Twitter even inadvertently suggests the playbook for scammers to operate by, noting that if the username you want is taken, adding “underscores before or after your desired username will help you claim a unique username”. That’s what this fake celebrity did, for sure, cloning out real person’s name and reusing the social media of the real one to make their account seem that much more legitimate.

It’s not the only approach, but it’s definitely one we’re seeing employed, and without an actual verification status in social systems, it’s one that scammers are all too happy to take advantage of.

As it is, Twitter’s paid Blue Tick status could just give scammers another way to fake being the real deal, and making it more difficult to decipher who is legit and who is anything else. A scammer could pay for a Blue Tick while the real user didn’t, which would give money back to Twitter and confuse the issue, convincing people that the fake celebrity was the authentic one in the process. It would be chaos.

Frustratingly, social media services just don’t appear to be interested in clearing things up.

We don’t doubt that there are those behind the scenes struggling with the same concerns we have, thanks in part to hundreds if not thousands of criminals attempting these scams regularly, making life difficult for anyone attempting to police things.

Still, you’re on your own. Everyone is on their own.

How to stay on guard against fake celebrity scams

With social media’s security essentially ignoring reports and refusing to take action, regular online netizens are largely left to their own devices, almost literally.

“I think when it comes to scams as they get more elaborate, it’s getting harder to detect,” said McGee, though he did says there are still telltale signs.

“If it’s too good to be true, it probably is,” he said. “When they’re asking for money or donations to charity, meet and greet for musicians or celebrity, it’s a sure sign.

“If you’re on social media and you get a DM from someone. Think about it: if they’ve never DM’d you for real, if they’re asking for a gift card or debit card [and] if there’s a sense of urgency, they’re asking you to move quickly,” said McGee.

Use that common sense part of your brain and ask yourself if this is legit. Scammers will typically employ tactics like urgency to force you to act without thinking, and push and prod to keep you there.

Try pushing back and asking for more proof, and seeing what will happen. Ask them for something that you may know exists, or even that you know doesn’t exist, and see if they have the ability to respond. They might just see you as too problematic, and block you for trying to see if they’re legit.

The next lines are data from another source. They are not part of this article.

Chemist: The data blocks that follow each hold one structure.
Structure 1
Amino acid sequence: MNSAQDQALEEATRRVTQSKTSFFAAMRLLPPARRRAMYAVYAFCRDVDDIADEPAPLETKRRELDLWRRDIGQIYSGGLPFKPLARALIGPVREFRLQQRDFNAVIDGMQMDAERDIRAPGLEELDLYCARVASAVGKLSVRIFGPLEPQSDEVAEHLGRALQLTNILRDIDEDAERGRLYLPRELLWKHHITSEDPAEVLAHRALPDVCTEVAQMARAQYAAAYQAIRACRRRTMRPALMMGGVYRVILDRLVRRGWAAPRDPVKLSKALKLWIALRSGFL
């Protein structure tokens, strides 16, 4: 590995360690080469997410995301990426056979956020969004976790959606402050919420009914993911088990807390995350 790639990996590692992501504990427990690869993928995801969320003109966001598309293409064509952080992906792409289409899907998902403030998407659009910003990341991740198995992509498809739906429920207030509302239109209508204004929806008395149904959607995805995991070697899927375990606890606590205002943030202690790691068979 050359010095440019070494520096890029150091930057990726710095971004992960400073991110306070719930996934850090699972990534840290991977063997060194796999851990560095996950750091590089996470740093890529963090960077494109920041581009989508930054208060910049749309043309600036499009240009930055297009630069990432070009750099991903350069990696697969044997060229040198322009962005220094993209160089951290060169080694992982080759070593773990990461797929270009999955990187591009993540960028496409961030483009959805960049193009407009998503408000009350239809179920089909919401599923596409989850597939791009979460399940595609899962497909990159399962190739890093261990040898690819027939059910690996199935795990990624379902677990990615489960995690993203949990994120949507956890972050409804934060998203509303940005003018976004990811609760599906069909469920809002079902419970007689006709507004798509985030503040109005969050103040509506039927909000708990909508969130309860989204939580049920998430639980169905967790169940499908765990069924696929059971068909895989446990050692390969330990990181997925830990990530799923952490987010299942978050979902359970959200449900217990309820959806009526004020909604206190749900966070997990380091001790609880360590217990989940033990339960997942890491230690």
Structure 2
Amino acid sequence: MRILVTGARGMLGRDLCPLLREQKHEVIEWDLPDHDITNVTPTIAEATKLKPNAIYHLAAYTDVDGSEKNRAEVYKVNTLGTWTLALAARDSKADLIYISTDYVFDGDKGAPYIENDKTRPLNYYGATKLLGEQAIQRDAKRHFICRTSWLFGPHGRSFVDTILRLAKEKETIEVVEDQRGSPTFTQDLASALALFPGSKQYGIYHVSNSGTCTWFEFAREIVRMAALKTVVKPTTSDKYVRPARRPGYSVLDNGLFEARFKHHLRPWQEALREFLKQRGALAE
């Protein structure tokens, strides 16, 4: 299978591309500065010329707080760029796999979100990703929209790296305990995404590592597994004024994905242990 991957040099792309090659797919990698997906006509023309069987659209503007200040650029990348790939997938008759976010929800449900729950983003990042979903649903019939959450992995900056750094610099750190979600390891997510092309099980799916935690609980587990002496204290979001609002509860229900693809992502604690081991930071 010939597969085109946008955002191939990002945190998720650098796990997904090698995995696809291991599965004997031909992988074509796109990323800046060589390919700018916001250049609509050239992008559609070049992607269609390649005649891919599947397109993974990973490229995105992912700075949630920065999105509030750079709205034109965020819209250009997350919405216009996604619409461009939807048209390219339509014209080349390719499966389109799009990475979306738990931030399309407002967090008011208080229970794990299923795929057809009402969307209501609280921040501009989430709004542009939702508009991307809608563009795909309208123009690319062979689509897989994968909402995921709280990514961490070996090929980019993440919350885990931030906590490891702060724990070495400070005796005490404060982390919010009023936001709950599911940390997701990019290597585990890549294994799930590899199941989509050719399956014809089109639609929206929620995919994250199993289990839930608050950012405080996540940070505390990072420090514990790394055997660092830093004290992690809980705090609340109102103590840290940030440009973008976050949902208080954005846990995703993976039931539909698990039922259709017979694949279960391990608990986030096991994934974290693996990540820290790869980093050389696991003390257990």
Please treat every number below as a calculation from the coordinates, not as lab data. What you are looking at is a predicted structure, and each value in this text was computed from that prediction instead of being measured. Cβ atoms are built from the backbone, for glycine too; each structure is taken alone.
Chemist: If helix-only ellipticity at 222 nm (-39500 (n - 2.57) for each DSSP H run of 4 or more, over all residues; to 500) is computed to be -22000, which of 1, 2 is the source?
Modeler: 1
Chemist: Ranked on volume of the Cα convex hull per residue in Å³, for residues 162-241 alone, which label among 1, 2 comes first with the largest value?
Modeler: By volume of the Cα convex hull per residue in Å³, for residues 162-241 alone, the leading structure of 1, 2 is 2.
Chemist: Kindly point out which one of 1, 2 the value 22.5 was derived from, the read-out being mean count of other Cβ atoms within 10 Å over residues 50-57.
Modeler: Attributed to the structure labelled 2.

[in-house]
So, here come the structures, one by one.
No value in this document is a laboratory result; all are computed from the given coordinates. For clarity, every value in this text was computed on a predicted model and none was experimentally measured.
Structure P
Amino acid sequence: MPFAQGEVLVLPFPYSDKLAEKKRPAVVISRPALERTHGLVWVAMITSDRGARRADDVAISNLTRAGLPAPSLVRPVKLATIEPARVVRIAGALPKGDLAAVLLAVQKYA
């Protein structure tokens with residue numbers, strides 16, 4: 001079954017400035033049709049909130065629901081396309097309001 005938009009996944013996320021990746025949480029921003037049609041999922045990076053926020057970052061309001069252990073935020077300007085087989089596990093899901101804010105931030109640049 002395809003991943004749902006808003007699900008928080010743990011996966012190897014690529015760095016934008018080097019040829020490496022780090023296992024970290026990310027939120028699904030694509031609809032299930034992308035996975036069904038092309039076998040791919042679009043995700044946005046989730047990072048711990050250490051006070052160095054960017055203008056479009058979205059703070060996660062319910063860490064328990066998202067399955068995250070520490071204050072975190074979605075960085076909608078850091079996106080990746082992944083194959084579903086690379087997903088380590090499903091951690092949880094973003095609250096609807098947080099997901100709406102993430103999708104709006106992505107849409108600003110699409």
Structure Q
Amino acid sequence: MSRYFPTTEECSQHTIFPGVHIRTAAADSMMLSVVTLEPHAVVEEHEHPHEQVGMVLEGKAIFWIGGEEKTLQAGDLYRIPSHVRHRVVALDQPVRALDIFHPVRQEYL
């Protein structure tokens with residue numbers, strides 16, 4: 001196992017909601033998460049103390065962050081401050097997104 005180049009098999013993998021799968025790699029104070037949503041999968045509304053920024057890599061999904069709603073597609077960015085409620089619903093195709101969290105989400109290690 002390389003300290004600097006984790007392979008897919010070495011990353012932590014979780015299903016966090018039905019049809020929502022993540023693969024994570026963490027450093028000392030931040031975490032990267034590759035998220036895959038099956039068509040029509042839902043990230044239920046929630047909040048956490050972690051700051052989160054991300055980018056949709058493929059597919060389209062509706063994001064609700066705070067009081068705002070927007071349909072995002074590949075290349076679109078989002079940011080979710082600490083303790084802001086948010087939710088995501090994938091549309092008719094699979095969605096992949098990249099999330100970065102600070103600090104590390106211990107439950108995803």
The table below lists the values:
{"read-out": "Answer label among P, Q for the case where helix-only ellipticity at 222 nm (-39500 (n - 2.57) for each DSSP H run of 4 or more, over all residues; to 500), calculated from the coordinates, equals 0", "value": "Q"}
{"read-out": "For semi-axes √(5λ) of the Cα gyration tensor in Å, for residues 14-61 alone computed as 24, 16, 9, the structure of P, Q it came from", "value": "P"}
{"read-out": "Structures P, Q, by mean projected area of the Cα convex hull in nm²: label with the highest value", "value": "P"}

In short, the next time you bring your phone back from standby, if a celebrity is waiting for you with a like or even a message, take it with a grain of salt.

It could well be the beginning of something long, dark, and winding down into an abyss of manipulation. It’s probably fake.

Was it something I said?

Finally, report that scam ASAP

Once you’ve worked out a message is fake, take the action of reporting it to the ACCC via Scamwatch.

Australia is lucky enough to have an organisation reporting scams and scam losses, so if you’re worried that a scammer might just ensnare someone else, report what you’re seeing to Scamwatch.

And if you’ve been caught, definitely report that to help make sure other people don’t get caught in it, as well.

“If people get scammed, sometimes they have this perception they don’t want people to know it. They’re embarrassed,” said McGee.

“Last year there were over a thousand reports of celebrity endorsement scams,” he said. “Out of those, the victims who did report it, most were scammed over 10,000 dollars.”

That’s big business for a scammer, and why they don’t stop. And McGee noted that while older generations could see the biggest losses, younger users afraid to report from embarrassment have seen smaller losses still, often to as little as $200. However, if you add up those smaller losses and multiply them over time, it’s still big business for scammers around the world.

Reporting scams helps warn othersReporting scams helps warn others what’s going on, and potentially put a stop to them as they grow in number.

“They have to report them. More people need to do it,” he said.